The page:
Academic journal article Australian Journal of Music Education

Musical Experience and Confidence of Pre-Service Primary Teachers

Academic journal article Australian Journal of Music Education

Musical Experience and Confidence of Pre-Service Primary Teachers

Article excerpt

Intro: Background to the study

This article has been structured, somewhat whimsically, as a popular song, to subconsciously underline the importance of singing. Hence the use of the terms Intro, Bridge, Verse, Chorus (which always contains quotes from informants), and Coda.

The NSW Primary K-6 curriculum (NSW Board of Studies, 2006) specifies that music is an integral part of the primary school experience. This is also true of the new Australian Curriculum (Australian Curriculum and Reporting Authority, 2015) and the Donnelly/ Wiltshire review of it (Donnelly, & Wiltshire, 2014). There is a good reason for this since there is increasing evidence that participation in music is linked to improved outcomes in almost all other curriculum areas (see for instance: Bamford, 2006; Catteral, Chapleau, & Iwanaga, 1999; Schellenberg, 2006; Wetter, Koerner, & Schwaninger, 2009; and for a summary of research in the area: National Association for Music Education, 2007). All pre-service primary teacher education degree programs therefore contain some music pedagogy. How effective and adequate pre-service preparation in music education is in practice, is however less clear.

The situation in NSW is particularly concerning, as specialist music teachers in primary schools are not appointed in the public system and therefore music education depends in most cases on generalist teachers. Some of these are skilled musicians and have the ability to deliver an engaging and effective program, and some schools make use of the talents of such teachers across the school. Other teachers however have limited musical experience and limited inclination for using music in the classroom. In 2011, a pre-service student at the University of New England was unable to present a music lesson when on a practicum in a small western NSW town because, according to her supervising teacher, they'd "done music in term 1" (Personal communication from student, 2011).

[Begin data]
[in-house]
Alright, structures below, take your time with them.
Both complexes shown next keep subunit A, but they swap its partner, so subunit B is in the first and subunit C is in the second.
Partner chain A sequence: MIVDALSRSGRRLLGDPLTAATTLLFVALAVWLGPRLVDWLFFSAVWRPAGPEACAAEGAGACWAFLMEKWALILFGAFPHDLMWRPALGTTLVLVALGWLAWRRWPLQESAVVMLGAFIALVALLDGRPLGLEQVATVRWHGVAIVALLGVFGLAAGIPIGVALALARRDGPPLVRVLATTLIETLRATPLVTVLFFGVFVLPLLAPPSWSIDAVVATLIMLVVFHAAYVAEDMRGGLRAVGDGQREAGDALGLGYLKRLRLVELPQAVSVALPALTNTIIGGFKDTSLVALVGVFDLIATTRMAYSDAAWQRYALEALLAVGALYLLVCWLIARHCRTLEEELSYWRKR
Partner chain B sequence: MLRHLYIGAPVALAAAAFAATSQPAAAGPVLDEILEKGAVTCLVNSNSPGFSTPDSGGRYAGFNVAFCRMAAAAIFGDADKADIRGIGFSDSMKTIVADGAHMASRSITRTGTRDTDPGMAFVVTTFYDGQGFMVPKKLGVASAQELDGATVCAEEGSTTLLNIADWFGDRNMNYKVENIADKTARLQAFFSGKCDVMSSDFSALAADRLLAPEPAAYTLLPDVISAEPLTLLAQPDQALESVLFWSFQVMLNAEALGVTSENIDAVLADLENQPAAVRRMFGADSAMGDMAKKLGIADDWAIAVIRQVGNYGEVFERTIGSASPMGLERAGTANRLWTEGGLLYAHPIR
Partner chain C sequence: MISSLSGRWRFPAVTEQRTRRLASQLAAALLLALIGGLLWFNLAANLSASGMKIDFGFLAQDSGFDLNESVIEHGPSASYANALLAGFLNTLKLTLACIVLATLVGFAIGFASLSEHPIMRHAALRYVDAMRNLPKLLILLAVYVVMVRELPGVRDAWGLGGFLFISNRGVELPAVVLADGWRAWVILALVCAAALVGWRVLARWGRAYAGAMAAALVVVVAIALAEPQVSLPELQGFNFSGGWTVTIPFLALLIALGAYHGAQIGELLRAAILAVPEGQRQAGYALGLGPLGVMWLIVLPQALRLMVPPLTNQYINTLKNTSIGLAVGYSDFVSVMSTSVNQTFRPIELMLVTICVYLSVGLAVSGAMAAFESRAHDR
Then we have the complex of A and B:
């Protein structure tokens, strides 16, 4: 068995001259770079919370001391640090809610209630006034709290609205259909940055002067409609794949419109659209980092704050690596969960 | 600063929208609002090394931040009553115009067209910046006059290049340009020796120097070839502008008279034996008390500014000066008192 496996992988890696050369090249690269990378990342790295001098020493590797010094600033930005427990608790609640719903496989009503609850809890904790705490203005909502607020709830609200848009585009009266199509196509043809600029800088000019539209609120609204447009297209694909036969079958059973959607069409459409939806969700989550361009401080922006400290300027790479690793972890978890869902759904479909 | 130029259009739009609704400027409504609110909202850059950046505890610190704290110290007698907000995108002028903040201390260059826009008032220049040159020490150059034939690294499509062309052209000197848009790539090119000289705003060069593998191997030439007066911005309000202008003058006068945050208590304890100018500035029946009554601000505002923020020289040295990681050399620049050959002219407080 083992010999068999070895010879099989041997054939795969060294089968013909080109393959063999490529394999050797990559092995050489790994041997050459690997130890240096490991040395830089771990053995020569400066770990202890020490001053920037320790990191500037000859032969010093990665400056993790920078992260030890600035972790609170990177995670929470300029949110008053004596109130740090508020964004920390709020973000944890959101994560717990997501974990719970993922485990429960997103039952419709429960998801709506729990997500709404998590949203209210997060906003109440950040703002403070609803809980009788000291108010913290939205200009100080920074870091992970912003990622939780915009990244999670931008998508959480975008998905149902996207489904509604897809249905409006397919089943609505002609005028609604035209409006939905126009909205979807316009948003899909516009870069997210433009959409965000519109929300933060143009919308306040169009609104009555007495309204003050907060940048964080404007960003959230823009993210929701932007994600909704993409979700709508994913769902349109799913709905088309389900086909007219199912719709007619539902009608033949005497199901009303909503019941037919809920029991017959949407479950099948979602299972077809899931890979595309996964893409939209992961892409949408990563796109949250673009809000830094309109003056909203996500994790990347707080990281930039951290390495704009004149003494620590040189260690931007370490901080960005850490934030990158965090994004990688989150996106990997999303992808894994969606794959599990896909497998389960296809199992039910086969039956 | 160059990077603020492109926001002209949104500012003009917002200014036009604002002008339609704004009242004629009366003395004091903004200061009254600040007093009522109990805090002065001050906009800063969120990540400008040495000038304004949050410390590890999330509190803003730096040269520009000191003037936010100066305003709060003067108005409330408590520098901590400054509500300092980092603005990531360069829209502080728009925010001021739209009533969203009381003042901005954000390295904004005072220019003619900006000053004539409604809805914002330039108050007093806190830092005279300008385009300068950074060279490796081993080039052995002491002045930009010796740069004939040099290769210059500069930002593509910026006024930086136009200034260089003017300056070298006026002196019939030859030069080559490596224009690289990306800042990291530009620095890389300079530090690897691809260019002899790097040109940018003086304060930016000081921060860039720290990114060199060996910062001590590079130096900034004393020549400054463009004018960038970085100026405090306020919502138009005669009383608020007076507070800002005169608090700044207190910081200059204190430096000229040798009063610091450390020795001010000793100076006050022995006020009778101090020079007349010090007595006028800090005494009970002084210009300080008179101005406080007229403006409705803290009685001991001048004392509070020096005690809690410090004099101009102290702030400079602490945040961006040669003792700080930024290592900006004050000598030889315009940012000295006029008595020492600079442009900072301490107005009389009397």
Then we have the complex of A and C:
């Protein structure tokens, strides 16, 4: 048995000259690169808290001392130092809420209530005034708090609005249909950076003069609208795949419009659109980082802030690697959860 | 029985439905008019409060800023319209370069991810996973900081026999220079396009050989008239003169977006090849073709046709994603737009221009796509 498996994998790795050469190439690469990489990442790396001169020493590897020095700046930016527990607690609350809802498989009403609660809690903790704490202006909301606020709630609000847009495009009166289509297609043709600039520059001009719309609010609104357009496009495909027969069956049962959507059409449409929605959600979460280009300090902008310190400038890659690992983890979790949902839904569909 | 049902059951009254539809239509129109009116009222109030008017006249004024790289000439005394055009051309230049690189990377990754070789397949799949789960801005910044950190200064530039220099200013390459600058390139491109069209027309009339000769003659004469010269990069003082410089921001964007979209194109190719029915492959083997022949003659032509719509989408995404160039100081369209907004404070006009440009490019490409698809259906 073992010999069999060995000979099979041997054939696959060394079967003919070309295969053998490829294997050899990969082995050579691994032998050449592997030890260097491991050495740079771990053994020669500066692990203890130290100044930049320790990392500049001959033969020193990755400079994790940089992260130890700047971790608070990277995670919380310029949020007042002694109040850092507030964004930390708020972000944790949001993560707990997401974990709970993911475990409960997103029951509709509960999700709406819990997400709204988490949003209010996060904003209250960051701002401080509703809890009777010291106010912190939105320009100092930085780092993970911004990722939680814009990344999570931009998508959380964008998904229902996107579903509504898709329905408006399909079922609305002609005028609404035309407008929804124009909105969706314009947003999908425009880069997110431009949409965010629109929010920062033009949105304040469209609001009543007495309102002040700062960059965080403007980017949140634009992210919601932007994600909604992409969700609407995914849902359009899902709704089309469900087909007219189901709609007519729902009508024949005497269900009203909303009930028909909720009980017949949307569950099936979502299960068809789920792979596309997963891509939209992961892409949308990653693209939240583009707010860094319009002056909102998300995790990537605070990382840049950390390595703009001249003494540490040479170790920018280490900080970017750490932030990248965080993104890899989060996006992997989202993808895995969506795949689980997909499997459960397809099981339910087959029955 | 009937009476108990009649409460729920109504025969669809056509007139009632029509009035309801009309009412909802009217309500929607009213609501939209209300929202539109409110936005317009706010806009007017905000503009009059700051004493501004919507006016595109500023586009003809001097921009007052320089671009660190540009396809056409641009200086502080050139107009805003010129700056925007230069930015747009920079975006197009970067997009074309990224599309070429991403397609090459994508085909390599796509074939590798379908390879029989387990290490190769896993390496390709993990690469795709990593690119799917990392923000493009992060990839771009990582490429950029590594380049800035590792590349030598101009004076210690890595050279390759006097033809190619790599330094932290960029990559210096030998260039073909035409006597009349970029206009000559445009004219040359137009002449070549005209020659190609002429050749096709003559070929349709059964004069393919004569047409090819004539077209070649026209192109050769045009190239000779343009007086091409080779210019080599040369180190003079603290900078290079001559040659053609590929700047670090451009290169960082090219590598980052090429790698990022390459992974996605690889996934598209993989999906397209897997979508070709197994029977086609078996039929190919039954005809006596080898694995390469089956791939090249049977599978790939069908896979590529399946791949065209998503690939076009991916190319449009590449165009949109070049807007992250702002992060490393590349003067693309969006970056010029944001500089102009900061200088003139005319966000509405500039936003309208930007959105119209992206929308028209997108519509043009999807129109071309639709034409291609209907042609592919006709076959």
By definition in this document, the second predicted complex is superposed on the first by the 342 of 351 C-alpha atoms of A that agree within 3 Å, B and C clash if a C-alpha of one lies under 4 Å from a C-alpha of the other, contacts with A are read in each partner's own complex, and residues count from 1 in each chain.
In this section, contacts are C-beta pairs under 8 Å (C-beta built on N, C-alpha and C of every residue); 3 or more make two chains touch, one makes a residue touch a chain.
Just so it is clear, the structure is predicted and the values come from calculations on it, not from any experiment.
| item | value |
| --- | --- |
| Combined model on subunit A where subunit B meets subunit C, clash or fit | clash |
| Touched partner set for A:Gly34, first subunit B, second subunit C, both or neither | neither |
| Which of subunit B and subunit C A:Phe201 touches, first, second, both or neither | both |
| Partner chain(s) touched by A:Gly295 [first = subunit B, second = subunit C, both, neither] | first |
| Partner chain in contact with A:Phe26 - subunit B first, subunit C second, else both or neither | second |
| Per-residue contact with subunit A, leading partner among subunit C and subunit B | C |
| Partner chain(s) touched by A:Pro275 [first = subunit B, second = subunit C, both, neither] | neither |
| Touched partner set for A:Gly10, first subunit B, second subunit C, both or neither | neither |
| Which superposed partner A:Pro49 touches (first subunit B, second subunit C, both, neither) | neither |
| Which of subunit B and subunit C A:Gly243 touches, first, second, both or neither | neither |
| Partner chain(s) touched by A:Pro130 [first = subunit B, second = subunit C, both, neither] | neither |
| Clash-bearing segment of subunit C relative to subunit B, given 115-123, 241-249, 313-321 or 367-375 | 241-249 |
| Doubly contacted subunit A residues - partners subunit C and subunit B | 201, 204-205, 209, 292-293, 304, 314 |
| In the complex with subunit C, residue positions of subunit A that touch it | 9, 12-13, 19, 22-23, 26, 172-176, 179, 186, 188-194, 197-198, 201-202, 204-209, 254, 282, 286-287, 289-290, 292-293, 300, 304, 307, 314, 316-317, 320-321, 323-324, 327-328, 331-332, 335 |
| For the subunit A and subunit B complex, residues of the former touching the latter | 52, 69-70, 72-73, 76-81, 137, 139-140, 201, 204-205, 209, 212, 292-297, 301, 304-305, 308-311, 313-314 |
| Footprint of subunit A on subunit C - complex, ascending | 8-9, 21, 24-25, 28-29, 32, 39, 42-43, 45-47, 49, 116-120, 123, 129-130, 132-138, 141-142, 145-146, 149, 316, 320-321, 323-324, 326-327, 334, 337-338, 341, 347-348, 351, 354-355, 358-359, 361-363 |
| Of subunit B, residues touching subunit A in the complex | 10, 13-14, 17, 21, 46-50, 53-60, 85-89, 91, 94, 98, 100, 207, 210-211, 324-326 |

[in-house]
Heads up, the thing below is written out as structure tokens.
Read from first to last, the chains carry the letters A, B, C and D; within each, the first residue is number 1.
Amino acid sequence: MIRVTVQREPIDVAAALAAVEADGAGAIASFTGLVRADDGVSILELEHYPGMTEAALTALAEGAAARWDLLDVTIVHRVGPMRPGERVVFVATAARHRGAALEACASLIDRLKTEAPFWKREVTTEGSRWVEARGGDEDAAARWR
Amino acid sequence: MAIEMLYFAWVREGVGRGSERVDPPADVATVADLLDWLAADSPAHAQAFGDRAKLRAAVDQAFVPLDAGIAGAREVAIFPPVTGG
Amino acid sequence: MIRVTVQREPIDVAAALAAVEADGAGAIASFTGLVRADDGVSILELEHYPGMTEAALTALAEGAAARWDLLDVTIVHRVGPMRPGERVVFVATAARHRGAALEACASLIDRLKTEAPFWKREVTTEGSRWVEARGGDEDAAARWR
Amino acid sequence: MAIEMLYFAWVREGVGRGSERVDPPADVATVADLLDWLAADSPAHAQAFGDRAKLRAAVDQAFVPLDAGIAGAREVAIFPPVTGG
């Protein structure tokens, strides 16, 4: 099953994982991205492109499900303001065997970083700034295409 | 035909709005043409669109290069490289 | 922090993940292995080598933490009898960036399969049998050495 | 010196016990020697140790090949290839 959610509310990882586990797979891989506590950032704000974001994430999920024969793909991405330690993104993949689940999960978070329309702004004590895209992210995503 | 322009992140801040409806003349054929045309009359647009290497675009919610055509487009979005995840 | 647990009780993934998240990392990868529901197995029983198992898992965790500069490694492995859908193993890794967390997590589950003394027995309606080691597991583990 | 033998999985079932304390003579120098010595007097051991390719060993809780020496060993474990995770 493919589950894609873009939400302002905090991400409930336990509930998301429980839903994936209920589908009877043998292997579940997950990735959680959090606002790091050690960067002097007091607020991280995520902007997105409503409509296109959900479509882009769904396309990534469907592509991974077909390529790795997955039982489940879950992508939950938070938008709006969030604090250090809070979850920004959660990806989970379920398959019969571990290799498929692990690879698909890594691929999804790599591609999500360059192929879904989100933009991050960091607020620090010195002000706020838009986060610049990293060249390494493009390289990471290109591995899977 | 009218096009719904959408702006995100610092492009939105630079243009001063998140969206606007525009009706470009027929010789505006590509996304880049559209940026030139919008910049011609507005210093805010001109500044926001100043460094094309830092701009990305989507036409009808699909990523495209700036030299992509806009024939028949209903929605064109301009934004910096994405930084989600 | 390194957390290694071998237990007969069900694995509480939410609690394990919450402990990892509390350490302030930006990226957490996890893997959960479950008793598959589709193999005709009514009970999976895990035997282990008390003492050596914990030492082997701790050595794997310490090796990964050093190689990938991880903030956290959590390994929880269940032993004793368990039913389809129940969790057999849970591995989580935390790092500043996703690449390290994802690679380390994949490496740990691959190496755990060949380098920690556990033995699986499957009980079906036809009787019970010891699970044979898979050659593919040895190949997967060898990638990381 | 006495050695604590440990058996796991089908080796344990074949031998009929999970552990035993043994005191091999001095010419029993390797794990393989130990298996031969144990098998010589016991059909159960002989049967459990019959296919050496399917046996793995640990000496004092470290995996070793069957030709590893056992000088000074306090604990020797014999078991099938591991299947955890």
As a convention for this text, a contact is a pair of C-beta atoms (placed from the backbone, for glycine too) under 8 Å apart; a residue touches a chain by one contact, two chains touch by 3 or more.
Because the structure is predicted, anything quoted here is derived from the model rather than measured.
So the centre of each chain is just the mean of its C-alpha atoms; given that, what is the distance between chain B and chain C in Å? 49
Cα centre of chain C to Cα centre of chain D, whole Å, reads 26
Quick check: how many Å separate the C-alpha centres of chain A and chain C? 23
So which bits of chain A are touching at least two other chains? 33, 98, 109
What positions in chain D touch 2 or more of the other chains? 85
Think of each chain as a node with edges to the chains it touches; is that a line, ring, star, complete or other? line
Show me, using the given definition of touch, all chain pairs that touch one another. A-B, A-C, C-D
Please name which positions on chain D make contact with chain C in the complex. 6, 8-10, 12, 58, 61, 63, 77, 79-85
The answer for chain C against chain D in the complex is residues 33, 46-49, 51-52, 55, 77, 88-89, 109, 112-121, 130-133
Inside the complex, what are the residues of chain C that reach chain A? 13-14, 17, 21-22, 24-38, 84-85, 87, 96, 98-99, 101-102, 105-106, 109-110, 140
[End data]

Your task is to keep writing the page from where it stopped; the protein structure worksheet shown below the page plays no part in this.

What is alarming is that the school and class in question quite possibly have managed to have a smattering of musical activities that touched on all required curriculum areas, and could therefore claim to have satisfied the curriculum--however the recommended time allocation given to the Creative Arts curriculum by the Board of Studies of 1.5-2.5 hours per week over 4 terms (Board of Studies Teaching and Educational Standards NSW, n.d.) indicate it would be highly unlikely that an adequate and well structured music education program could have been delivered in that time frame. It would not seem to provide "continued development of students' knowledge and understanding, and skills" (NSW Board of Studies, 2006, p. 98). That this situation could occur is a weakness of the syllabus, which has flexibilities that allow teachers to focus on personal strengths while covering other elements to some extent, which can be pedagogically effective, but it also means that the result might be a sketchy coverage of everything.

Since the effectiveness of a school's music program is so dependent on its teachers, it is therefore necessary to investigate the people who are currently being trained as generalist primary teachers in terms of their background and experience in music and their confidence to teach music in the classroom. Competence and confidence are of course linked and the creative arts are one area where this can be critical (Russell-Bowie, 2012, & 2013) and confidence in teaching music has traditionally ranked the lowest of the arts for recent graduates, due to the complexity as a discipline and a self-perceived lack of talent for music (Alter, Hays, & O'Hara, 2009, p. 17).

It is significant to note that the amount of time dedicated to pre-service teacher training in the area of music has decreased dramatically, as Table 1, based on tertiary education of pre-service teachers in Armidale, demonstrates:

The musical skills and backgrounds of pre-service teachers vary considerably. …

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